Battambang Orange Farm ចំការក្រូច ខេត្តបាត់ ដំបង
Battambang Orange Venture Bearing Fruit
Rich, red, well-watered soil makes Battambang province the perfect place to grow oranges. In recent years, the small, green fruits of the northeast have gained a nationwide reputation as the sweetest and most naturally grown on the market.
Beating down competition from high-tech Thai growers, Cambodian orange farmers could be a model for a surge in niche-market agricultural production for both domestic and international markets, officials say.
But orange farming is not a simple business. It requires a large initial investment, and a lot of patience. A young tree takes five years to reach the fruit-bearing stage. Once trees mature, however, profits can be good—1 hectare of land holds as many as 400 trees, each of which can produce $5 to $20 worth of fruit a year.
Sor Eng Chay grows oranges on 13 hectares of fertile land in Banan district, Battambang province. He planted the trees back in 1998, but only now are they all bearing fruit. “For farmers, growing oranges is hard work, and you need a lot of money for expenses on the farm,” he said.
“When I started, it was very difficult, because I had to take money from home for all the expenses,” Sor Eng Chay said. “The trees did not bring me any income for six years.” He said he has spent a total of $70,000 on the farm so far, including the cost of the land, hired labor and the trees themselves.
At first, he said, his trees produced few fruit. In the second year, the output increased just a little. Now, five years on, trees on 6 of the 13 hectares of Sor Eng Chay’s farm are bearing fruit.
Like most Battambang orange growers, Sor Eng Chay does not use chemical fertilizer on his trees, and uses minimal insecticide and fungicide. This keeps production low, but quality—and price—high.
“I am very happy with my farm right now, as it is very fruitful this year,” he said. “I want to extend it so I can save some funds from the profits.”
Nearby, Yeang Yet grows 50 orange trees on her Banan district farm. She, too, is satisfied with the income the fruit brings her: “Oranges are my crop yearly, and the money is good enough to fulfill my family’s needs,” she said. “I can rely on getting money from them every year.”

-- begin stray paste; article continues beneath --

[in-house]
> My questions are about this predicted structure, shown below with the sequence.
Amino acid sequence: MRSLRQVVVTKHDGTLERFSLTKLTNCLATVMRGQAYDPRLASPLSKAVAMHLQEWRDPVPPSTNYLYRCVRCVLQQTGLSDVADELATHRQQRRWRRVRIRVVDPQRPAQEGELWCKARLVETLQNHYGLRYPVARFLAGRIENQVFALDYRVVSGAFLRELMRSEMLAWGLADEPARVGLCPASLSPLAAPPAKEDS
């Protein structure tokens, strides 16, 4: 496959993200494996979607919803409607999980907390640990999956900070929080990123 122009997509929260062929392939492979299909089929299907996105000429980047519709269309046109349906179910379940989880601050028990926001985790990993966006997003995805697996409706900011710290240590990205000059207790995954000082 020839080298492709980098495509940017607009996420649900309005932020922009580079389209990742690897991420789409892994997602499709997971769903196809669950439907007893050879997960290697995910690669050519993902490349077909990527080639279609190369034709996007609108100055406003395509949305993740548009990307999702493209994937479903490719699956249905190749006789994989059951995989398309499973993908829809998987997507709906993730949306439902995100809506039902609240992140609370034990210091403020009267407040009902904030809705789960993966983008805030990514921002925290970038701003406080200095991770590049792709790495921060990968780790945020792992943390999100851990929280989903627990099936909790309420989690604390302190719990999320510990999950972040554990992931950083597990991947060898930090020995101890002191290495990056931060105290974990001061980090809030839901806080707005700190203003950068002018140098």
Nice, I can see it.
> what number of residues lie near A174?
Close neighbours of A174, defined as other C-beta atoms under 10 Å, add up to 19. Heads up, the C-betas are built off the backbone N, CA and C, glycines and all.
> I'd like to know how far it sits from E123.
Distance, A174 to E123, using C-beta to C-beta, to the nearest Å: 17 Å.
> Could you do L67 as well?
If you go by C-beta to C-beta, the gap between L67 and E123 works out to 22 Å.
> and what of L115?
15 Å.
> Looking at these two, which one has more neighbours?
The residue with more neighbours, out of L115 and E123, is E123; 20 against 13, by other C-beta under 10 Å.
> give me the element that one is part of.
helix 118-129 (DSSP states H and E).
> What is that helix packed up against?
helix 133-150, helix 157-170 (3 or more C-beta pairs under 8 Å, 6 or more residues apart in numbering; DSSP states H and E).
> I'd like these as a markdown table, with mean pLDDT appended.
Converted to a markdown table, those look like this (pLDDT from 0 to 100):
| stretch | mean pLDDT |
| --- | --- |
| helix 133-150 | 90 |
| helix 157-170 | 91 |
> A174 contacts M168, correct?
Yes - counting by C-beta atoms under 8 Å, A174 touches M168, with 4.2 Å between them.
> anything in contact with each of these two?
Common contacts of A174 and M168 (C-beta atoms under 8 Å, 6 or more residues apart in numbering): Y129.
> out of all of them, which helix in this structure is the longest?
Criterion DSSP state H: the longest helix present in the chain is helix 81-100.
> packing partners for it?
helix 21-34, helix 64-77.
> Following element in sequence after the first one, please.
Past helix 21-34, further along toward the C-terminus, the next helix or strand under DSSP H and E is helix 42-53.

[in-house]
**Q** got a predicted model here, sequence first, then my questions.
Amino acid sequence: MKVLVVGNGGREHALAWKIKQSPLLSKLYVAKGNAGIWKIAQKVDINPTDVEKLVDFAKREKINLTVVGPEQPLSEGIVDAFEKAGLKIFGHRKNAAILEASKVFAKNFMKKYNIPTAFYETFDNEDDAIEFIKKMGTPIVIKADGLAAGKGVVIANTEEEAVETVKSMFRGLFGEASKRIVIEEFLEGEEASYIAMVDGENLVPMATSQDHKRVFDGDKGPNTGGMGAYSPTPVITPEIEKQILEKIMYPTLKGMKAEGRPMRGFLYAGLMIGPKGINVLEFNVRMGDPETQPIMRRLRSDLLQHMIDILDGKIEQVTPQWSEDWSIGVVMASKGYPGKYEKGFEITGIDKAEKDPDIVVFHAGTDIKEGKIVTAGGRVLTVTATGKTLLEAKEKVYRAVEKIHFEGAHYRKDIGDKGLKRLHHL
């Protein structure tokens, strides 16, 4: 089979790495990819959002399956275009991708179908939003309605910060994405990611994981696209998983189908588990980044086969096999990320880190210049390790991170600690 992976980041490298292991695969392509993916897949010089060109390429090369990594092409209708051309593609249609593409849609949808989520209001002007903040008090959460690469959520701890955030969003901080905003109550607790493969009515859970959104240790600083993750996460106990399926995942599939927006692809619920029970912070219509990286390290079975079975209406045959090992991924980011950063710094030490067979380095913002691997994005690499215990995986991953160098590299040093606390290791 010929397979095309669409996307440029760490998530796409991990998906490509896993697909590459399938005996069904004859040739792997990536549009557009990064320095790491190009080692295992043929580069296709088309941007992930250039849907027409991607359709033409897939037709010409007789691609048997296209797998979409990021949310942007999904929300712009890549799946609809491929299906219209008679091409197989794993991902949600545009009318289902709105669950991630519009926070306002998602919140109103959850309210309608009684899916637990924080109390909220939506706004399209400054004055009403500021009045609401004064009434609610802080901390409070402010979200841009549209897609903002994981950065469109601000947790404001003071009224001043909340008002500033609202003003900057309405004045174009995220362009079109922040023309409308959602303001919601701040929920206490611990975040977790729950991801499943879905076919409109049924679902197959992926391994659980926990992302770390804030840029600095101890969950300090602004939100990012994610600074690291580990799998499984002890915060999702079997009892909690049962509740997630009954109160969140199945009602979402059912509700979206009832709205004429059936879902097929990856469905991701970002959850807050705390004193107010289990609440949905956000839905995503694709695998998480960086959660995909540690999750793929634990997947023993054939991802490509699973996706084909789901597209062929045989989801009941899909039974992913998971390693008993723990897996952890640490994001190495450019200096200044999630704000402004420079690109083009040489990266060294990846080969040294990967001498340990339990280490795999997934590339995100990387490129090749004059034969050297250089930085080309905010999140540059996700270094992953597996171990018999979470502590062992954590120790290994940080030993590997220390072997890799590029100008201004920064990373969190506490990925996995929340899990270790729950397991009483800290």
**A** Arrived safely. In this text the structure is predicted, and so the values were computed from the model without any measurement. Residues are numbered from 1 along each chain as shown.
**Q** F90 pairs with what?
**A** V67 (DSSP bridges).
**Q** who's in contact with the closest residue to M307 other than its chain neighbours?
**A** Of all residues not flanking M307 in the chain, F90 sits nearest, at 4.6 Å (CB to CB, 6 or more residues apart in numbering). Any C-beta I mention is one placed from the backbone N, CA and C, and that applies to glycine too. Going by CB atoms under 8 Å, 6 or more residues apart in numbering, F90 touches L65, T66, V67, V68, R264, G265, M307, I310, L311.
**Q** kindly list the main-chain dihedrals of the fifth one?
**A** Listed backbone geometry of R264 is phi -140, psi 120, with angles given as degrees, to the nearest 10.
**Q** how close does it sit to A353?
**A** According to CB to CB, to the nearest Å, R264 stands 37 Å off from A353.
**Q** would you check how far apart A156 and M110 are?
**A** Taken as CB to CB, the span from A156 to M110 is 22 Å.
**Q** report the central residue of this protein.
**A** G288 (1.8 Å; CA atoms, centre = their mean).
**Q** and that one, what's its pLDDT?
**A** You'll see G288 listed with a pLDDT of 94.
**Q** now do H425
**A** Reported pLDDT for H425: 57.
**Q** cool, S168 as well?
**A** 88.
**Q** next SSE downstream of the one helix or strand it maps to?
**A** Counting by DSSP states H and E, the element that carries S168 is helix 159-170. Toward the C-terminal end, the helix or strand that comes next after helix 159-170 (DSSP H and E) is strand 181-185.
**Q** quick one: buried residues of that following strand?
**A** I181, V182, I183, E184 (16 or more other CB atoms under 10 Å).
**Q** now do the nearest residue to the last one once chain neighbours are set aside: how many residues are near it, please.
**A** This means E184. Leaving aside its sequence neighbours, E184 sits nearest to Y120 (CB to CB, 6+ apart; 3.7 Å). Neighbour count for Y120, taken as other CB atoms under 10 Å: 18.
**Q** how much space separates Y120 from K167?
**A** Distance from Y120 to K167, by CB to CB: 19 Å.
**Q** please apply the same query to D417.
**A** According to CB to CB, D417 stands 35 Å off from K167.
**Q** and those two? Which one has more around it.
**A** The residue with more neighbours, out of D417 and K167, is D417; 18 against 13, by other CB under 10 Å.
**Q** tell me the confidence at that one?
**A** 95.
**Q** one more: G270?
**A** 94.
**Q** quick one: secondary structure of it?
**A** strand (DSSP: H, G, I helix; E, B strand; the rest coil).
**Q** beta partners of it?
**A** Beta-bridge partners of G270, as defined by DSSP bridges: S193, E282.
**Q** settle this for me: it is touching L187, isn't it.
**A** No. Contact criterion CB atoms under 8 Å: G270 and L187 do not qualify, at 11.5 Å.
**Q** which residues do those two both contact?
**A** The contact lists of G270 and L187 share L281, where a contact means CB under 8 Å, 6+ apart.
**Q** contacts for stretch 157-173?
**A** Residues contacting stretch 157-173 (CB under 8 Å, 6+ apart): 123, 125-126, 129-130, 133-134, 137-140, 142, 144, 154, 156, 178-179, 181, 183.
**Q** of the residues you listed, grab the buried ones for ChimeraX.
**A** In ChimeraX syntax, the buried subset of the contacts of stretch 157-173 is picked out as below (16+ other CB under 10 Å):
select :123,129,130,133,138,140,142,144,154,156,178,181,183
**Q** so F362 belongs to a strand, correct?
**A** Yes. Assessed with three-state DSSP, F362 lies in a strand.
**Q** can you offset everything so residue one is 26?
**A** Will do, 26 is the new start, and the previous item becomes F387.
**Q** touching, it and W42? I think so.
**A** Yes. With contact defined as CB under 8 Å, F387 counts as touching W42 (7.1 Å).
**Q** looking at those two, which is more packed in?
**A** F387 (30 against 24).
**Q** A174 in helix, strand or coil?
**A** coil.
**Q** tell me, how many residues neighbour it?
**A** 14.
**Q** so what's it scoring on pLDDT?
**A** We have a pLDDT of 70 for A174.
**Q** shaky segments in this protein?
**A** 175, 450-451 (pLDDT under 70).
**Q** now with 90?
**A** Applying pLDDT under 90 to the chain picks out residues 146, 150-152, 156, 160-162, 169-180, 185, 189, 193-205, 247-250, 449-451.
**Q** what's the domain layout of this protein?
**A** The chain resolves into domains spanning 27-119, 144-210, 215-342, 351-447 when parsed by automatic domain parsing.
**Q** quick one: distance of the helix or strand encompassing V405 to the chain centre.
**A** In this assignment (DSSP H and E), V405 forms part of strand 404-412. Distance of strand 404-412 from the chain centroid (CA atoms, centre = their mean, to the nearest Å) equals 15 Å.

Has Sok, deputy director of the Ministry of Agriculture’s department of agronomy and land improvement, said that Battambang oranges are a product Cambodia should be proud of. But to turn small-scale farming into an export industry, he said production methods need to undergo some major changes.
“The government has issued a decree to the Ministry of Agriculture to work to improve fruit and rice production,” Has Sok said. The ministry has made an appeal for foreign companies to invest in Cambodian factories and farms, and assist with planting trees and building fruit-canning facilities.
Sor Eng Chay agreed that more infrastructure is needed before Cambodian fruit farmers can make an impression on the international market. “Farmers want to plant more orange trees, but the local market is not big, and in Cambodia we do not have factories to can fruit and make it into juice like in developed countries.”
The major obstacle to orange production becoming an export industry is the current scale of production, according to Has Sok. “We do not even have enough orange trees to supply the whole country, just enough for Battambang, Siem Reap and Phnom Penh,” he said. “So how can investors come to build fruit-juice factories?”
Kim Chenda, chief of administration at the Ministry of Agriculture, sees the future of orange growing as a large-scale, mechanized agro-industry. “We need to make bigger orange farms, and make them closer together, so investors can come and build canning or juice factories,” he said.
With changes such as these, however, the quality and natural farming methods that Battambang oranges are famous for will almost certainly be compromised. Mass production calls for intensive farming; more trees per hectare mean more chemical fertilizers and insecticides. The end product is cheaper, and of lower quality—much like the oranges currently imported from Thailand.
Sros Nin is an orange seller in Battambang town. She is proud of the local fruit she sells: “I can sell more Cambodian oranges than Thai oranges. They taste better, are naturally sweet and cost more.”
A Battambang orange retails for up to 800 riel; ($0.20) Thai fruit costs up to 500 riel ($0.12) per piece. “Most buyers look for Khmer oranges, except poor people, who buy Thai oranges because they are cheaper,” Sros Nin said.